Feel free to share your method for tracking companies, whether using the same websites or something entirely different and better.
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51. Pre-Concentration – Savior or Not?

Can pre-concentration become a key savior for the mining industry and help in lowering metal production costs?
Pre-concentration is a way to reduce the quantity of ore requiring higher cost downstream processing, i.e. grinding in particular. By using a low cost method to pre-concentrate mineral-bearing particles into a smaller volume, one can attain significant cost savings in overall energy consumption and operational expenses. A previous blog “Remote Sensing of Ore Grades” discussed a new pre-concentration method under development.
Pre-concentration is nothing new and has been around for many years but is generally limited in the techniques available. Hence many ore types are not amenable to it..unfortunately. The main methods being used are:
Ore sorting can be done using automated optical, electrical, or magnetic susceptibility sensors to separate ore particles from waste particles. The different sensor types can include colour recognition, near infrared radiation sensors, x-ray fluorescence, x-ray transmission, radiometric, or electromagnetic sensing. The sensors can determine if a particle contains valuable mineral or waste, thereby sending a signal to activate air jets to deflect material into ore and waste bins.
Density or specific gravity difference is another property that some pre-concentration methods can rely on. Gravity based systems such as dense media separation (DMS), jigs, or centrifugal concentrators are currently in production use.
Another simple pre-concentration method used is scrubbing, whereby simply washing away fines may remove some deleterious materials prior to final processing.
 Jig Plant 1
Pre-concentration can provide several benefits to an operation:
-If done underground or at remote mine site, the net ore hoisting and ore transport costs can be reduced.
-If the pre-concentration rejects can be used as mine backfill, this can reduce backfilling costs.
-Processing of higher grade pre-concentrated mill feed can reduce total energy costs and ultimately reduce the cash cost of metal produced.
-Grinding costs can be reduced if waste particles are harder than the ore particles and they can be removed beforehand.
-Minimizing waste through the process plant will reduce the quantity of tailings that must be disposed of.
-Lowering operating costs may potentially allow lowering of the cutoff grade and increasing mineral reserves.
-Higher head grades would increase metal production without needing an increase in plant throughput.
Not all ore types are amenable to pre-concentration and therefore a rigorous testing program is required. In most cases the pre-con method would be relatively obvious to the metallurgical engineer but testing is still required to measure performance. Testing is required to determine the amount of waste rejection that can be achieved without incurring significant ore loss during the process. Generally one can produce a higher quality final product if one is willing to reject more ore with the waste, so it becomes a trade-off of recovery versus total processing cost.
Fine particles from the primary and secondary crushing stages might require bypassing the pre-con circuit. If this bypassed material is sent for downstream processing, one may need to examine crushing systems that minimize fines generation to avoid too much material bypassing the pre-con circuit.
One must also decide if the pre-con system should reject waste particles from the material stream or reject ore particles from the stream since the overall recovery and product quality will be impacted depending on which approach is used.
My bottom line is that the mining industry is continually looking for ways to improve costs and pre-concentration may be a great way to do this. Every process plant design should at least take an initial look at it to see if is feasible for their ore type. While the existing pre-concentration methods have their limitations, future technologies may bring in new ways to pre-concentrate and so this is probably an area where research dollars would be well spent.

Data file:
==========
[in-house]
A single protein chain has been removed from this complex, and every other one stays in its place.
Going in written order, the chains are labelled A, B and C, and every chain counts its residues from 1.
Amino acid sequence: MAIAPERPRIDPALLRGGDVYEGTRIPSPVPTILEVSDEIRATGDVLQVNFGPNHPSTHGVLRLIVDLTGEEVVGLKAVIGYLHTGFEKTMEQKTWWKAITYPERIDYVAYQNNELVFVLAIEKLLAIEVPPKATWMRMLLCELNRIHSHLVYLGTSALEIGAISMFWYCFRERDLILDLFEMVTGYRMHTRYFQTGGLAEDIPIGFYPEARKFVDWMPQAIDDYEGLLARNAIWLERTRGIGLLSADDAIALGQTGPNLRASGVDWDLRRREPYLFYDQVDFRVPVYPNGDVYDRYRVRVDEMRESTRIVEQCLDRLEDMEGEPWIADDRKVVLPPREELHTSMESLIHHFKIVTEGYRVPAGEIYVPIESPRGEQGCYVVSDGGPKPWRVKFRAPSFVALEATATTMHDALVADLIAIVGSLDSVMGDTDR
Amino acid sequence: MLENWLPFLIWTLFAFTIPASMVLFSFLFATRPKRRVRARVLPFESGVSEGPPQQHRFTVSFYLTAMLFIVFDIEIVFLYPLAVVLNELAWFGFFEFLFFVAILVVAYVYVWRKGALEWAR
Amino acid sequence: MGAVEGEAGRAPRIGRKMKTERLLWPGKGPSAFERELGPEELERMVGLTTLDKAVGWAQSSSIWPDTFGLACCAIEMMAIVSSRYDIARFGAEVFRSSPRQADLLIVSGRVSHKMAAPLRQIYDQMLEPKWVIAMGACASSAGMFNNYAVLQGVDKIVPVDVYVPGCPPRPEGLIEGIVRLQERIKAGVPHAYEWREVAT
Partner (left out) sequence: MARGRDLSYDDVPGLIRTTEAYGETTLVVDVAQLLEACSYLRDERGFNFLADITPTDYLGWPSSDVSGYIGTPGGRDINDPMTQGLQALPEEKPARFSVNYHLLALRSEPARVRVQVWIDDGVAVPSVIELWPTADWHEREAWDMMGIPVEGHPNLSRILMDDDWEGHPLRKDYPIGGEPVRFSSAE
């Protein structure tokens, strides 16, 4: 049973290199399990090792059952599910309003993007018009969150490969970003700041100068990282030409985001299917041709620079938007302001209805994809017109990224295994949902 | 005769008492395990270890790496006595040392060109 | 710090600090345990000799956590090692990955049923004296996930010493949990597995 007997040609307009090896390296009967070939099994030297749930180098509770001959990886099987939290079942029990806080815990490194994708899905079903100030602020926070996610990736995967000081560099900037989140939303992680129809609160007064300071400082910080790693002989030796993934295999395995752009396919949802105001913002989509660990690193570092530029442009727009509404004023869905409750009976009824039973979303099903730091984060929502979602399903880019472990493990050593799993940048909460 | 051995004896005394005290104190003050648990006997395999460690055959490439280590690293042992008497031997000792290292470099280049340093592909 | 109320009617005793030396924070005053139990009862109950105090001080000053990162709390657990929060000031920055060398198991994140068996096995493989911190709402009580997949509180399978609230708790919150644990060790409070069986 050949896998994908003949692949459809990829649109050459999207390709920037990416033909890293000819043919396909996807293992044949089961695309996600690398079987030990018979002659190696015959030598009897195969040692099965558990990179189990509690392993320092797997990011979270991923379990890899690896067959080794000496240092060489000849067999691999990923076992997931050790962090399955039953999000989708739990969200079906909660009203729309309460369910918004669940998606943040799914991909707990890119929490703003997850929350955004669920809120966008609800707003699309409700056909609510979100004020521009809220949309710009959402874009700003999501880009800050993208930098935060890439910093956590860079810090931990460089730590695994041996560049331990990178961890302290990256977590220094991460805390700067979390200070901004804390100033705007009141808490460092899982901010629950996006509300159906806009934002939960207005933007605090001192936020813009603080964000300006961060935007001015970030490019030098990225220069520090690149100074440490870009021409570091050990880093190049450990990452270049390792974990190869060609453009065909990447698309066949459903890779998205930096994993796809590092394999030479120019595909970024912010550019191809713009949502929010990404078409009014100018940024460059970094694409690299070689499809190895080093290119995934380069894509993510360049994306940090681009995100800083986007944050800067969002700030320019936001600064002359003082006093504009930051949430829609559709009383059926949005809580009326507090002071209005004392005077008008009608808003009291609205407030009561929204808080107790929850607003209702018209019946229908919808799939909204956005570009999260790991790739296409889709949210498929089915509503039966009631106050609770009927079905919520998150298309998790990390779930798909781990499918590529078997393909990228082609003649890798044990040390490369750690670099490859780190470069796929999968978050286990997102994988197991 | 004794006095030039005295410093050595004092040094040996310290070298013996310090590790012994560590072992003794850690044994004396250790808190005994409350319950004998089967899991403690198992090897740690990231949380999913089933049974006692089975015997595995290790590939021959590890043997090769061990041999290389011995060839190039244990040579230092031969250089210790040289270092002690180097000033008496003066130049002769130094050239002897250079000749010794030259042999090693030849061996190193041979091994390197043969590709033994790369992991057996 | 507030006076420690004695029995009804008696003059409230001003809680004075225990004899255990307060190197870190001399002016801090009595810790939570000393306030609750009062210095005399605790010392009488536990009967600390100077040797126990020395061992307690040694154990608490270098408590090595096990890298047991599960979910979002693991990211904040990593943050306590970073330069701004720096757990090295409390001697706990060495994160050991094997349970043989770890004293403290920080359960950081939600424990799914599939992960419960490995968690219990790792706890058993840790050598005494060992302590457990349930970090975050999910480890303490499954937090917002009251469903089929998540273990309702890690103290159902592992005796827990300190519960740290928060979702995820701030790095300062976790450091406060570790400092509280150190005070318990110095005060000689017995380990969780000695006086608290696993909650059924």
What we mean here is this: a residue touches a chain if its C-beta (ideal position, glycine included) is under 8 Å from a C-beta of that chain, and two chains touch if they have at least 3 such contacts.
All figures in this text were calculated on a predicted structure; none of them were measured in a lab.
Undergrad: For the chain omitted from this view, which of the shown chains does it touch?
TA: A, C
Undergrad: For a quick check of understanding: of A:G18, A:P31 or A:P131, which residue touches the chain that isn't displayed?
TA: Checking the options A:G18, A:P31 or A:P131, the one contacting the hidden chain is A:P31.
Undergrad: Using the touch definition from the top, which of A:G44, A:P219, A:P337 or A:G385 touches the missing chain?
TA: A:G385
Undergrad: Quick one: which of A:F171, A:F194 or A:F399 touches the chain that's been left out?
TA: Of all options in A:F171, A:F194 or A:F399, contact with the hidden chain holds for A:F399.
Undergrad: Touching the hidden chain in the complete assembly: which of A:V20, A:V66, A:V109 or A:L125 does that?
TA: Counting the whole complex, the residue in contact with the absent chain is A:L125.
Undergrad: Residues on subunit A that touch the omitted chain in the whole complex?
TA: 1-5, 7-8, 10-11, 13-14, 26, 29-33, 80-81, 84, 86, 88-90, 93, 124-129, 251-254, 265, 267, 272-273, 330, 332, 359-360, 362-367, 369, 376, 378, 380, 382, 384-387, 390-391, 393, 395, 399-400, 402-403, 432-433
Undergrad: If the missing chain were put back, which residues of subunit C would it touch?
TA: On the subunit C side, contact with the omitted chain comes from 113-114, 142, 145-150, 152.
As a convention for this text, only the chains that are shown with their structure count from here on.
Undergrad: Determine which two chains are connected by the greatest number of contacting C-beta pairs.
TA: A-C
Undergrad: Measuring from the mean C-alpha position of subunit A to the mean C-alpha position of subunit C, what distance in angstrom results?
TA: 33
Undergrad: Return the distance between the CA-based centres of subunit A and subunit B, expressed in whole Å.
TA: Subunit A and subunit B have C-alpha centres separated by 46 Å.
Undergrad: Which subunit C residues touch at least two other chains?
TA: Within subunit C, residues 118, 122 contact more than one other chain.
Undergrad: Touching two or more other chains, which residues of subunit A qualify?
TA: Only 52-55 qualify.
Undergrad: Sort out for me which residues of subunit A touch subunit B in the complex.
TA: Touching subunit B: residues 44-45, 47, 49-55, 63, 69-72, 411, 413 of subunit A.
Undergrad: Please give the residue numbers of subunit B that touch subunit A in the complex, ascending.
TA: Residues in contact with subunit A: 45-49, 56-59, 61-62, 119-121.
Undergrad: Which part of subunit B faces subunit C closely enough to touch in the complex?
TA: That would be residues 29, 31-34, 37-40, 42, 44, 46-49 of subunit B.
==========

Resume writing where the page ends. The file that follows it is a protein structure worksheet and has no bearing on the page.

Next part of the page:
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50. Landslide Blog – If You Like Failures

For those of you with a geotechnical background or have a general interest in learning about rock slides and slope failures, there is an interesting website and blog for you to follow. The website is hosted by the American Geophysical Union the world’s largest organization of Earth and space scientists. The blogs on their site are written by AGU staff along with contributions from collaborators and guest bloggers. Their website screenshot is shown below.
Landslide Blog screenshot

Landslide Blog web page screenshot

The independent bloggers have editorial freedom in the topics they choose to cover and their opinions are those of their authors and do not necessarily represent the views of the American Geophysical Union. This provides for some leeway on the discussions and the perspectives the writers wish to take.
One specific area they cover well in their Landslide Blog are the various occurrences of rock falls and landslides from any location around the globe. They will present commentary, images, and even videos of slope movements as they happen. Often they will provide some technical opinion on what possibly caused the failure event to occur. The Landslide Blog has a semi-regular email newsletter that will keep you updated on new stories as they happen.
Landslide
The following links are a few examples of the type of discussion that they have on the website.
Here is a description of a small water dam failure in Greece.
Here is some video of the Samarco tailings runout in Brazil.
Here is some video of boulders raining down on some buses along the Karakorum Highway in Pakistan.
From time to time the Landslide Blog will examine mine slopes, tailings dams, and waste dump failures, however much of their information relates to natural earth or rock slopes along roads or in towns and cities. Some of their videos are quite fascinating, illustrating the forces behind some of earth’s natural erosion processes. Check it out for yourself.
My bottom line on all of this is that the less the mining industry is mentioned in the Landslide Blog, the better it is for all of us.